Monday, February 15, 2010

Leadership Our Nation Needs

What kind of leadership in governance does our nation need? We need transformational leadership that wisely can exercise transactional leadership to ensure the delivery of basic services to many poor communities and locales.

James MacGregor Burns, in his book, Leadership (1978), differentiates the two as follows:

Transformational leadership “occurs when one or more persons engage with others in such a way that leader(s) and followers raise one another to higher levels of motivation and morality.”

Transactional leadership “occurs when one person takes the initiative in making contact with others for the purpose of an exchange of valued things.” An example of the exercise of transactional leadership is the pledge and effort of elective officials to deliver rice, roads, bridges, water and electricity to their constituents in exchange for their votes. Transactional leadership can be ethical or unethical. An elective official who wins primarily through the offer of money to voters exercises transactional leadership of the unethical kind.

As for transformational leadership, the statesman Raul Manglapus (1918-1999) was describing it when he said: “The responsibility of to give meaning to the life of every citizen” (“Creating for Greatness,” 1962).

To illustrate the importance of meaning in the citizen’s life, his speech at the 1962 commencement exercises of the Manuel L. Quezon University recounted this story of 3 men at work:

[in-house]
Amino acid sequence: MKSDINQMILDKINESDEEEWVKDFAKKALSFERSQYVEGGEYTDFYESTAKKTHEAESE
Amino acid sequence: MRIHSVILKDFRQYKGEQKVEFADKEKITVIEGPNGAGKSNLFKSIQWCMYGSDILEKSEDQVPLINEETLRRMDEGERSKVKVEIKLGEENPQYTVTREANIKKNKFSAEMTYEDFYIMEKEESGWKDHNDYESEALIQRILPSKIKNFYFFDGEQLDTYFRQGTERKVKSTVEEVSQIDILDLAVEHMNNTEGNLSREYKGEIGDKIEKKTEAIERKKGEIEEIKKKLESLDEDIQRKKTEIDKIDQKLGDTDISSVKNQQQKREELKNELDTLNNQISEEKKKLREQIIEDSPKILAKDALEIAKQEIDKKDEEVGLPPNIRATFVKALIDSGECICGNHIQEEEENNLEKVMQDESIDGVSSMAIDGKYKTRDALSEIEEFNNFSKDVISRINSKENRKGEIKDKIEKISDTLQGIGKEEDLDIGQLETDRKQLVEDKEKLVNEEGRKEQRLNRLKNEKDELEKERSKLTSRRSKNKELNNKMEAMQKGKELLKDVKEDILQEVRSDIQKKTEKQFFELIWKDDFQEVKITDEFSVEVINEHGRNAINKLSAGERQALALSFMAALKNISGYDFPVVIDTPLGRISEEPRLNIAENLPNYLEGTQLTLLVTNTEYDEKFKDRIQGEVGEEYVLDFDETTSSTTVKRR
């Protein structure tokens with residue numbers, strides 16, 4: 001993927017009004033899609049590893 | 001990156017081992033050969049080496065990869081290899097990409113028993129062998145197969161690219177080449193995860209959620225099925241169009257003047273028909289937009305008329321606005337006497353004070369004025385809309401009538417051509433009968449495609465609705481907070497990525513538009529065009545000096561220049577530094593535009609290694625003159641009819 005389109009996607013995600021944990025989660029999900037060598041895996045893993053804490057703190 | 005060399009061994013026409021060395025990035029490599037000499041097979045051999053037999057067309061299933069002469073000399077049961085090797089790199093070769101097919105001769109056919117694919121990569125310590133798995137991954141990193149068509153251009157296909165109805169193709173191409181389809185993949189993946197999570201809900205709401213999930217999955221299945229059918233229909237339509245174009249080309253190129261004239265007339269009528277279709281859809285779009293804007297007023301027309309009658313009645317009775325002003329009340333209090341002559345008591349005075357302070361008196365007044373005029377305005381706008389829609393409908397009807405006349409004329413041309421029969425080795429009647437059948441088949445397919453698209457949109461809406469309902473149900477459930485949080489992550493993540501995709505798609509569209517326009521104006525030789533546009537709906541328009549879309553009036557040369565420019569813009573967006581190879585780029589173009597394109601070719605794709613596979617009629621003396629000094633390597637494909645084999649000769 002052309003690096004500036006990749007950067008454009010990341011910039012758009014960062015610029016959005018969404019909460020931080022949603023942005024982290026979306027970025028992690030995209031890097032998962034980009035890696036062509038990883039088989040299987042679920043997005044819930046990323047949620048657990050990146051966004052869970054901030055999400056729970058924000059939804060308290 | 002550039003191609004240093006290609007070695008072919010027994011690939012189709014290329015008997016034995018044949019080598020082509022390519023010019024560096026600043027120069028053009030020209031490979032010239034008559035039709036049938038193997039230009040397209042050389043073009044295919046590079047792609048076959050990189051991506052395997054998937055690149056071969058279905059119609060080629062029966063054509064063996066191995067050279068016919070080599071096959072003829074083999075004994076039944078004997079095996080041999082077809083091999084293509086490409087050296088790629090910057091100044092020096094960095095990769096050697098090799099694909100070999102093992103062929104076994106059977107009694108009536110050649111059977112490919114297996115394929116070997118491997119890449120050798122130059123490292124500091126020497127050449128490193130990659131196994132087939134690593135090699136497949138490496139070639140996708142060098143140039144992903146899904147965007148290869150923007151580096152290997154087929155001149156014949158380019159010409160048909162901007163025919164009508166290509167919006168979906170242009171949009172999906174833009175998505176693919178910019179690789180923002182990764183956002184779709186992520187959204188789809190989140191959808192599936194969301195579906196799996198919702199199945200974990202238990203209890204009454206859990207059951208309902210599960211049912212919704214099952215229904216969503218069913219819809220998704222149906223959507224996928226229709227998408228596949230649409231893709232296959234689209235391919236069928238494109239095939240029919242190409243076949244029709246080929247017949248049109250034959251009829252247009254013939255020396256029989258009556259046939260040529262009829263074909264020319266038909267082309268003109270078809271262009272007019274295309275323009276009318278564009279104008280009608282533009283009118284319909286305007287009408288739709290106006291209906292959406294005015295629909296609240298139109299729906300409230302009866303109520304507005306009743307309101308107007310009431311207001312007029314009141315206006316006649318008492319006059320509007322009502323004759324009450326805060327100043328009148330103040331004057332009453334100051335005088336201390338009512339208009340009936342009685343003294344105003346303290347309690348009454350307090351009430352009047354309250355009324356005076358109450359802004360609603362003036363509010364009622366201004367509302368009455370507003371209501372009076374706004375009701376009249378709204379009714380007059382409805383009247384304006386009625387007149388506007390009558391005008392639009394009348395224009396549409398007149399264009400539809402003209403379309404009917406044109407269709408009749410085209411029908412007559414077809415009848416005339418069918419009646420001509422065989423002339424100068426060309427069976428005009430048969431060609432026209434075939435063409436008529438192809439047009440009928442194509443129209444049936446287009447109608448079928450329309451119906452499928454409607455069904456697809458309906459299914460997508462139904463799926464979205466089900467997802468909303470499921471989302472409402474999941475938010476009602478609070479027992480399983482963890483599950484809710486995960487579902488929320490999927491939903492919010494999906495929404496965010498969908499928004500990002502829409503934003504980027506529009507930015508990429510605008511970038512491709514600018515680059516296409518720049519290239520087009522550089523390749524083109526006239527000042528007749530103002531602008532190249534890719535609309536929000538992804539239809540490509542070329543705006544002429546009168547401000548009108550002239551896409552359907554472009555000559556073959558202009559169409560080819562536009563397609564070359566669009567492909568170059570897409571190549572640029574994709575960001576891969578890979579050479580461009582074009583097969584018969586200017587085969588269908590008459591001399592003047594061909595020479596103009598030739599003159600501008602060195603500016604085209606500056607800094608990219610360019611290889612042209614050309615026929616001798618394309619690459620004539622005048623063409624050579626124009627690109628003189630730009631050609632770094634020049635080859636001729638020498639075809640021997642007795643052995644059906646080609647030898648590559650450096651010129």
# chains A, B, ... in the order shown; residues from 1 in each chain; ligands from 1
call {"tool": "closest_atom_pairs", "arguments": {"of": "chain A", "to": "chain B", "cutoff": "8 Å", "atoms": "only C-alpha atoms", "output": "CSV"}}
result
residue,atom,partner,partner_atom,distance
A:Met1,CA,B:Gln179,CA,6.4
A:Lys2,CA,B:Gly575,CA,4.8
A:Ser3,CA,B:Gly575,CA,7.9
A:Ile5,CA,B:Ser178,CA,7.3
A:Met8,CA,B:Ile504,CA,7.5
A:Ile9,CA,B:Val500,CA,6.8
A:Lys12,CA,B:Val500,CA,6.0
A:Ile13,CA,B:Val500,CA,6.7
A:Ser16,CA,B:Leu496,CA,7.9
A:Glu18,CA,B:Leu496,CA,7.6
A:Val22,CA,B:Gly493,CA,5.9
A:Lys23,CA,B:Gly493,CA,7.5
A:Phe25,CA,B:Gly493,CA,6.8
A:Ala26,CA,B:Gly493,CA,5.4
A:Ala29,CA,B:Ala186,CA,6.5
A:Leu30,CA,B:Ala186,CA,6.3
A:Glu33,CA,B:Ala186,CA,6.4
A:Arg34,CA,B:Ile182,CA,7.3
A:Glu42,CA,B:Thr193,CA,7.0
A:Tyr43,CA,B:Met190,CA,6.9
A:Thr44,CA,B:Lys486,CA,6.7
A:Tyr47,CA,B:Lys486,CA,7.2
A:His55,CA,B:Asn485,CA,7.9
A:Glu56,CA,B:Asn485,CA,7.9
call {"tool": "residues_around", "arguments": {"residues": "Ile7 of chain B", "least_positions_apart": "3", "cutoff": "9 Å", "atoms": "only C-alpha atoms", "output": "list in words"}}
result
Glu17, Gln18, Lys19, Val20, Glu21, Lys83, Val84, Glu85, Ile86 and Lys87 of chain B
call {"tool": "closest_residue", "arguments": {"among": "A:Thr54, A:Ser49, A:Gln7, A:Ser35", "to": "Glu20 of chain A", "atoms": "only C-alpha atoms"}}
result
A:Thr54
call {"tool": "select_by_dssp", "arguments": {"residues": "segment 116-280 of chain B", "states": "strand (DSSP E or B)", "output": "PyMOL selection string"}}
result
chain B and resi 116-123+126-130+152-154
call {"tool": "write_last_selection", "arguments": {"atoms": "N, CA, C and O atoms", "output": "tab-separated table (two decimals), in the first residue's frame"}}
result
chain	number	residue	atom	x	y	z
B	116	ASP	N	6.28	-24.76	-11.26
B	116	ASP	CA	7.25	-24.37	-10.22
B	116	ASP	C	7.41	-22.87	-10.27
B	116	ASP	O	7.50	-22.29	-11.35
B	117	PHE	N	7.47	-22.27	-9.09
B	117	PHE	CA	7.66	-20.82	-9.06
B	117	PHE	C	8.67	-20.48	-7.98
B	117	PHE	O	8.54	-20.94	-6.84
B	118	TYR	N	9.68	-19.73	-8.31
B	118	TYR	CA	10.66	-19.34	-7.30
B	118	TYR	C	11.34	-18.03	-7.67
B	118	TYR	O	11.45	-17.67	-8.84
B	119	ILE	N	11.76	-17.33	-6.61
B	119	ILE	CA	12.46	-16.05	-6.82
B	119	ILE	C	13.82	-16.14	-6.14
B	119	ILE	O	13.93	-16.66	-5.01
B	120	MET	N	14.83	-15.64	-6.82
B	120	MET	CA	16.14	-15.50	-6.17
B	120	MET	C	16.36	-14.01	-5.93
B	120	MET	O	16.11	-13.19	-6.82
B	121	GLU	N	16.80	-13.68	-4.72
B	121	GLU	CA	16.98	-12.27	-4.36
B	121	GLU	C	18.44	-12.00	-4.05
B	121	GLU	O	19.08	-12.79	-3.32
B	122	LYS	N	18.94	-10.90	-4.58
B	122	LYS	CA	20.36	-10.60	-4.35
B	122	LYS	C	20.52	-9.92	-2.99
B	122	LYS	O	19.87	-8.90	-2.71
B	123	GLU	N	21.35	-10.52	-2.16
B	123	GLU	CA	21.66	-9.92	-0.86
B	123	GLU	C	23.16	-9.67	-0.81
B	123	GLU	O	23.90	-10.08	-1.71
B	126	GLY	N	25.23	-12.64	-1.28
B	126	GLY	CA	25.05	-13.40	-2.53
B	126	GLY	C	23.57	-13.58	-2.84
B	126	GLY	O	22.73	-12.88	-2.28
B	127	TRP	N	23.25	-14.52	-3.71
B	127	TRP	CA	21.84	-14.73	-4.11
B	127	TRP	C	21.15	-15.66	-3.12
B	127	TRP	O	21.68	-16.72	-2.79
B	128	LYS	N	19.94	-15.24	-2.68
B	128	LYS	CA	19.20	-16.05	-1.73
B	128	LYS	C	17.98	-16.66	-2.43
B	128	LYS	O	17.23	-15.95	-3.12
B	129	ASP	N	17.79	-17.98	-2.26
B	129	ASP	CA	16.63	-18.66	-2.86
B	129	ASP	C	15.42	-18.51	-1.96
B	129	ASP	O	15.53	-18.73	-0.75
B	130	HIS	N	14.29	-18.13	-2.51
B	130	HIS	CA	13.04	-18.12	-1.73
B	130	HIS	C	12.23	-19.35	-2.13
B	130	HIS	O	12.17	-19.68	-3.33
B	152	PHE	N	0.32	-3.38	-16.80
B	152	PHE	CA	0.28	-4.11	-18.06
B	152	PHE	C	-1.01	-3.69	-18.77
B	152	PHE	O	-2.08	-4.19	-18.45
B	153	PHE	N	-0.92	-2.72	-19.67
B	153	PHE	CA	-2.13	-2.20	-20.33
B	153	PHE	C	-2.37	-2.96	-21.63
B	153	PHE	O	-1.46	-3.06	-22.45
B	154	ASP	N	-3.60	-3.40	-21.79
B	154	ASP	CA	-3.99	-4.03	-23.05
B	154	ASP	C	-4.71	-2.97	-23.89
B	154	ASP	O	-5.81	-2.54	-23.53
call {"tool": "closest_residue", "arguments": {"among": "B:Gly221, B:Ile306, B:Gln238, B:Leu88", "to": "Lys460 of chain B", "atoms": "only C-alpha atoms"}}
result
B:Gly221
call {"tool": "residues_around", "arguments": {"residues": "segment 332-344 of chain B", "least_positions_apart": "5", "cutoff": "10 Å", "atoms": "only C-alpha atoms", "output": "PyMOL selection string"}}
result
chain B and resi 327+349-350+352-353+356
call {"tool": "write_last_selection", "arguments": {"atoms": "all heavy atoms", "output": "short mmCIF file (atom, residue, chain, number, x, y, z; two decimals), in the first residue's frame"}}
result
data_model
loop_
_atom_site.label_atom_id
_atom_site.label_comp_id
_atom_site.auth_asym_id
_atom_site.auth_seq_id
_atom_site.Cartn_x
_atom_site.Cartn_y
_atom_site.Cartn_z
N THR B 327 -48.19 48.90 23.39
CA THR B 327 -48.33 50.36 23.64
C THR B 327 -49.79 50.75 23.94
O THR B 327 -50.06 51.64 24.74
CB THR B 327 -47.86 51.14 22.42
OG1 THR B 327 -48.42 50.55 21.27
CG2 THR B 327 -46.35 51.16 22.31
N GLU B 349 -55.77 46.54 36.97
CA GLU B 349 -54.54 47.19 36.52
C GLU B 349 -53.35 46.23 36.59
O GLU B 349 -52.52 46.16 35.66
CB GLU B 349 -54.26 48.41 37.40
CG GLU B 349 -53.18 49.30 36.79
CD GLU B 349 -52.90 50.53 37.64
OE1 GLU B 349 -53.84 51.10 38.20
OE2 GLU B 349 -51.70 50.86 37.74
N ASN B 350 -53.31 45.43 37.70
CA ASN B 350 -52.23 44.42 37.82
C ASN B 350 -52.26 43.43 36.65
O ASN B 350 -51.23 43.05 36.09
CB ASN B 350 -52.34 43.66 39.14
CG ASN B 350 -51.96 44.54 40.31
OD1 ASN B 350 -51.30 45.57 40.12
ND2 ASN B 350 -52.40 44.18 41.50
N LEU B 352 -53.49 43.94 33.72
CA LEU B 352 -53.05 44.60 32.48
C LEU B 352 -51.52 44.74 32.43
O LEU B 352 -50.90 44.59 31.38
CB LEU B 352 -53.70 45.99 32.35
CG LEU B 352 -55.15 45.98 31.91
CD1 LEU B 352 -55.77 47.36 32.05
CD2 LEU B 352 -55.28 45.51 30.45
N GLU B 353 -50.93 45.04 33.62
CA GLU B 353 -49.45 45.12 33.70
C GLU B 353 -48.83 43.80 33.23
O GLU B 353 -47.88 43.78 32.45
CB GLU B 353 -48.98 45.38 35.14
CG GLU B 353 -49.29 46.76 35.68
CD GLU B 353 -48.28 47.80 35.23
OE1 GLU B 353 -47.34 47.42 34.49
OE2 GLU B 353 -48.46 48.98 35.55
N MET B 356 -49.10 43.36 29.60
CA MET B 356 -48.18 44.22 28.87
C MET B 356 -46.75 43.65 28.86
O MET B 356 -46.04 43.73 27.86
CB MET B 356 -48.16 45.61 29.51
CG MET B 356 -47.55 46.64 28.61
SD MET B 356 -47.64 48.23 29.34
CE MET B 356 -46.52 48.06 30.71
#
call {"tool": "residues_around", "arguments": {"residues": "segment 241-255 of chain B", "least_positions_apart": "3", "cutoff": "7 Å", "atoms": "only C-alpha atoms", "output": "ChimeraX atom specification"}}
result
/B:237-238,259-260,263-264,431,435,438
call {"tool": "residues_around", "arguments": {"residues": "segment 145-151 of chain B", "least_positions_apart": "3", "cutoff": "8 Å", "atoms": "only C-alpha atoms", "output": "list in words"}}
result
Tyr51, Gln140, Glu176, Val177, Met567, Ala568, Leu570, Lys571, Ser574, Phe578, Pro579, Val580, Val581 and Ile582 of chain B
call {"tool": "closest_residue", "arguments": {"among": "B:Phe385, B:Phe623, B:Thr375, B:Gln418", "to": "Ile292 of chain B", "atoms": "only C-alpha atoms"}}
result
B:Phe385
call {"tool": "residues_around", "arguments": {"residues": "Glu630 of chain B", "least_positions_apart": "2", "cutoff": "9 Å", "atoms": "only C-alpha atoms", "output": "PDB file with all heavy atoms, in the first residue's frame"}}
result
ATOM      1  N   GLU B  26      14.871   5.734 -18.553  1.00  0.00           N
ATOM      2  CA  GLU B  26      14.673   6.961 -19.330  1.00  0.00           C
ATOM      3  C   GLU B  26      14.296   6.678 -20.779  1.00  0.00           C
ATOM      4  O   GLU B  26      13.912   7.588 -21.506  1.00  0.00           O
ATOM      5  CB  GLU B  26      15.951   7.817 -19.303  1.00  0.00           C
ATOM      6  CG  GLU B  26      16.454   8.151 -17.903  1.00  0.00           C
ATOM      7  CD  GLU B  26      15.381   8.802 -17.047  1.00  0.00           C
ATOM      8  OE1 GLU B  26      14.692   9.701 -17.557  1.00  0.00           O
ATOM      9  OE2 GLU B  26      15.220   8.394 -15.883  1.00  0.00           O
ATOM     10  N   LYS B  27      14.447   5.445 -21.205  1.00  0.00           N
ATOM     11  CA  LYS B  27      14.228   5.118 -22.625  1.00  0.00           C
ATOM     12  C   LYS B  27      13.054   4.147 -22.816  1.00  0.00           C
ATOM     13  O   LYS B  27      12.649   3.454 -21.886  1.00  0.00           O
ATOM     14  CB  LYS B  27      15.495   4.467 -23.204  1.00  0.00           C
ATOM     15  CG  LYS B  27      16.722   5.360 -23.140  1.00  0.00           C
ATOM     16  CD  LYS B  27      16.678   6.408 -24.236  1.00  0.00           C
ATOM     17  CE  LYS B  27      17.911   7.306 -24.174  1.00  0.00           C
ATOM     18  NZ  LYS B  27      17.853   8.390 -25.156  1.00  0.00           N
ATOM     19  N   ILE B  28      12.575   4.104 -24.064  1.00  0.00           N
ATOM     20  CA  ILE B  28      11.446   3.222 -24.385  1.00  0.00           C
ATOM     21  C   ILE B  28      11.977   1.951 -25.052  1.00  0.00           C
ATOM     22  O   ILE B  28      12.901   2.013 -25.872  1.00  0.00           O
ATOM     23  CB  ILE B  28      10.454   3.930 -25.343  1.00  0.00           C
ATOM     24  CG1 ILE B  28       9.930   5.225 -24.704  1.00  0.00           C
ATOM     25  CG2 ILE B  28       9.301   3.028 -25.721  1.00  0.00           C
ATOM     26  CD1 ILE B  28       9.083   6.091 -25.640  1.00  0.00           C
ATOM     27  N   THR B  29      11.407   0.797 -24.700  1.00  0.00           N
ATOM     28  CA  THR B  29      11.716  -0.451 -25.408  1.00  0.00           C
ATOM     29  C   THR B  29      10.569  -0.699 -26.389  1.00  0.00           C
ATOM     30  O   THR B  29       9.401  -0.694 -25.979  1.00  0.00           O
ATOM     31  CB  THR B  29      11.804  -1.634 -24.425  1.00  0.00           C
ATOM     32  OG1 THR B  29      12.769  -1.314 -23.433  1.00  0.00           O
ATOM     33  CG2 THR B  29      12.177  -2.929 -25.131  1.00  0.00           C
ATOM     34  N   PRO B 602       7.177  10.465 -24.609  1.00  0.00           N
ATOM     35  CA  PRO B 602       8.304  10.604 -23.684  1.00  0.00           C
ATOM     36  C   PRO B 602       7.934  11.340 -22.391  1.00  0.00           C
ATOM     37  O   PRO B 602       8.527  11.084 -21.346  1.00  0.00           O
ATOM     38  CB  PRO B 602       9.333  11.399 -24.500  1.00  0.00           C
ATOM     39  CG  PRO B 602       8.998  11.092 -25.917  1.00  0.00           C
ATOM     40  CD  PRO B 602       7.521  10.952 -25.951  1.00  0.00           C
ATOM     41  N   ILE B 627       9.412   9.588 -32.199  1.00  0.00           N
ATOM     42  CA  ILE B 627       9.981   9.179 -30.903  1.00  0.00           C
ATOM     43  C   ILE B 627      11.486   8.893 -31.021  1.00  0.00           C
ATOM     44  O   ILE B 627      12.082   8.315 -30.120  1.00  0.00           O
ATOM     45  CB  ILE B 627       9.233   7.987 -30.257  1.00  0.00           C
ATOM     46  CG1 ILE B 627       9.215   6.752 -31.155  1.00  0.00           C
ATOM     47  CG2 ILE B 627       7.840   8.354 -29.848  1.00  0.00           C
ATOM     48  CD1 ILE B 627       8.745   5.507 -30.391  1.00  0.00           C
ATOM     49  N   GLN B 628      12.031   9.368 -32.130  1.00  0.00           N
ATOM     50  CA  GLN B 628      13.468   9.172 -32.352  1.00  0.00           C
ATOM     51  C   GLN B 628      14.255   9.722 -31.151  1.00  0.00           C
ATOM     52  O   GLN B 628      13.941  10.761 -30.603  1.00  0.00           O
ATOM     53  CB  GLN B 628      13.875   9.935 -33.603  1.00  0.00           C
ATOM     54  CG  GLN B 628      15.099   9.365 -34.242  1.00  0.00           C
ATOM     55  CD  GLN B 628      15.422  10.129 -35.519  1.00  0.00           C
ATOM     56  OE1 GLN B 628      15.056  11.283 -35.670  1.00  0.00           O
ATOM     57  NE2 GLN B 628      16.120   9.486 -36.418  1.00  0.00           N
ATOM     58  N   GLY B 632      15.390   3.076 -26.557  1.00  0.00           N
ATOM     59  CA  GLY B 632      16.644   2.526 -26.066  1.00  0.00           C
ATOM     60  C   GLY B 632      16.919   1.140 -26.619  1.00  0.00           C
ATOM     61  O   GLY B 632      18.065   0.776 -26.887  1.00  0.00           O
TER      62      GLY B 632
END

“What meaning?

“In the Middle Ages, one of the great Gothic cathedrals was being built in France. The work was just beginning and there were many laborers at work, all of them cutting stones. A priest, wishing to discover the attitude of each worker toward his work, approached one of them and asked, ‘What are you doing?’

“And the man, looking up from his work and shrugging his shoulders, replied, ‘Can’t you see? I am cutting stones.’

“Not satisfied with that answer, the priest went to the next man and asked, ‘You, my good man, what are you doing?’

“The (2nd) man said, ‘Well, I have a wife and children. I have to earn a living. So I am cutting stones.’

“Still not satisfied, the priest went on to a third man and again asked, ‘And you, my good man, what are you doing?’

“This man looked up at the priest with pride in his eyes and replied, ‘Father, I am building a cathedral!’

“Three men at work at the same job, but what a world of difference between their outlooks.”

The responsibility of political leadership that is transformational is to raise the outlooks of citizens so that the old will dream dreams and the young will see visions...of a nation of justice, peace, and equal opportunity. Thus, the transformational leader is an inspiring model to the citizenry.

When do we know that transformational leadership has been exercised and borne fruit in our country?

“When we shall be able to approach the worker in the factory, the farmer in the ricefield, the lawyer, the doctor, the teacher, the engineer, the economist [the manager and the entrepreneur] and they shall all say, ‘I am earning a living, yes, but I am also building a nation’” (R. Manglapus).

For 2010 and beyond, our nation needs leadership that is transformational and transactional, just as in evangelizing or transforming politics, Christian leaders need to be “as shrewd as snakes & as innocent as doves” (Mt 10:16). “The children of light” have to be wiser than “the children of this world” (Lk 16:8) in making use of political power.